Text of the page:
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Viewing 164191 to 164220 of 185215
1969-02-01
Technical Paper
690713
J.A. Saavedra
The current family of Air Force space launch vehicles which has grown primarily from our series of ballistic missile programs is described. Continuing evolutionary booster developments and improvements, in combination with space configured upper stages and strap-on solid motors, have provided the Air Force with this versatile family of small, medium and large launch vehicles. Growth versions of these vehicles, attained through stage and component improvements, new combinations of stages, and application of advanced technology programs, are presented. These growth versions provide the Air Force with a number of options for increased launch vehicle capabilities in the 1970's.
1969-02-01
Technical Paper
690716
W. H. SIEGFRIED, R. W. GOLDIN
Abstract Although currently available booster technology could allow a major decrease in space-booster costs, hardware already built in the Saturn system has precluded any development efforts in this direction. However, as such hardware is programmed for launches during the next several years, decisions concerning such low-cost approaches become more imminent. This paper reviews the available alternatives and describes the characteristics and capabilities of a low-cost booster system which is both desirable and practically feasible for missions beginning as early as 1973. Space program plans project needs for (1) Space-Station deployment, (2) Space-Station logistics supply, (3) unmanned scientific planetary probes, (4) further lunar exploration, and (5) large synchronous-orbit satellite deployment. These missions are interrelated in the paper with regard to booster and spacecraft capabilities.
1969-02-01
Technical Paper
690715
J. W. Sandford, J. E. Martin
The Saturn V launch vehicle and its potential derivatives are the backbone of this nation's manned space program. In the past two years, this vehicle has progressed from development into its operational phase. This paper reviews the current status of the Saturn V and discusses its possible evolution and growth to meet the requirements of missions being postulated for the next ten years. These missions include extension of the Apollo lunar-landing program to permit more extensive manned exploration, launch of space station modules in support of an ultimate space base, logistics support of early space stations, and unmanned missions to outer planets. Experience gained during operation of the Saturn V makes feasible substantial cost reductions in the production, test, and launch operations of the vehicle. Potential methods leading to a low-cost Saturn V are also reviewed in this paper.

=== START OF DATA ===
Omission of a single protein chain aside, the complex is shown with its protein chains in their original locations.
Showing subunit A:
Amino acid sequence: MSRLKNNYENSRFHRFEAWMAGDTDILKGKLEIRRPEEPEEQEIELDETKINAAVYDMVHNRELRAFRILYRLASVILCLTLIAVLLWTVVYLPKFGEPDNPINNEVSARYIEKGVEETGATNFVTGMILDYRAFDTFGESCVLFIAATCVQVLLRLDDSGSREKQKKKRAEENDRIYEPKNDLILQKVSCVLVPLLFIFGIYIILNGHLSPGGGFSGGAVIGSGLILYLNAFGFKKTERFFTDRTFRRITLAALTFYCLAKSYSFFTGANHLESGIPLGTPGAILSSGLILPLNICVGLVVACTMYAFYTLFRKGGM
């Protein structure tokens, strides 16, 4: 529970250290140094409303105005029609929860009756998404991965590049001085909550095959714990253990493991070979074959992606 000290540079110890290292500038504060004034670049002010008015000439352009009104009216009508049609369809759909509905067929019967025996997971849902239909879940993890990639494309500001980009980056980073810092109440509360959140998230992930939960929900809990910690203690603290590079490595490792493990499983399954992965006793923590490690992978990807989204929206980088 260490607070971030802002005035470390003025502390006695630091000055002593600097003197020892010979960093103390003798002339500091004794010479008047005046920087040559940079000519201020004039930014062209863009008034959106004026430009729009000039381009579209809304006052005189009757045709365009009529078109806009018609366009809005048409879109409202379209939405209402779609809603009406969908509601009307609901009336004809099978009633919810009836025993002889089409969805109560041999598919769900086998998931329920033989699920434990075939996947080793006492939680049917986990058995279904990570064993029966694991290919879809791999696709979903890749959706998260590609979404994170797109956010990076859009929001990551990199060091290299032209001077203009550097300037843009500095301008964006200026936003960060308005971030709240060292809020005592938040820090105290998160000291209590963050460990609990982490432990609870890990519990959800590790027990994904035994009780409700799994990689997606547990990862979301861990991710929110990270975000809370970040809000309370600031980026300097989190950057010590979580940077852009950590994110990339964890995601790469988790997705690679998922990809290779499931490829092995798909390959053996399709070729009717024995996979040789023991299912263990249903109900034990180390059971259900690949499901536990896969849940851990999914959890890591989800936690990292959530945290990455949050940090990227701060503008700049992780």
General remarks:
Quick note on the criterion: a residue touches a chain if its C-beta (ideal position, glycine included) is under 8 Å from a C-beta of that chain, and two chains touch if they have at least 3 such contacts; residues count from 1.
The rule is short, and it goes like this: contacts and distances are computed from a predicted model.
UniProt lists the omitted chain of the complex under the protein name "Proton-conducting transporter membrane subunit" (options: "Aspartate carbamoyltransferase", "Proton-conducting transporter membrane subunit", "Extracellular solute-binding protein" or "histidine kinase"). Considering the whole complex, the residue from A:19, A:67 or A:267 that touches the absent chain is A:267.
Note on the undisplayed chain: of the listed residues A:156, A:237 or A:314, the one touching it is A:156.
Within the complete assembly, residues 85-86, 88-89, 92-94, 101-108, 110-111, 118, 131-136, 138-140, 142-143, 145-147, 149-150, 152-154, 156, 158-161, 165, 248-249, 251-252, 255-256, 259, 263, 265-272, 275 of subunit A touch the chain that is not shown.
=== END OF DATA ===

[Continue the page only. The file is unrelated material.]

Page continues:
1969-02-01
Technical Paper
690708
Roland G. Bernier
Major survivability considerations in the design of helicopters are reviewed, and the underlying philosophy of approach is presented. Identification of vulnerability problems is based on lessons learned in Vietnam.
1969-02-01
Technical Paper
690514
J. R. Hudnall, P. L Gerard, C. B. Hood, I. D. M. Burns, A. Fiedler, E. Goulley, P. Resi
Results of recent studies show that significant supplemental protection against corrosive engine wear can be achieved by selected gasoline formulations. Several approaches are shown to be possible. Antiknock scavenger formulation and control of gasoline sulfur content are potential methods. However, a practical and much more flexible method is shown to be the use of gasoline antiwear additives. Confirmation of additive antiwear performance in laboratory engines and chassis dynamometer tests is shown in the results of thousands of miles of field tests with taxicabs operated in congested city traffic, where significant reductions in rates of increase in oil consumption were observed. In addition, the value of selected additives to the motorist is established by results obtained in fleet tests conducted in consumer car service.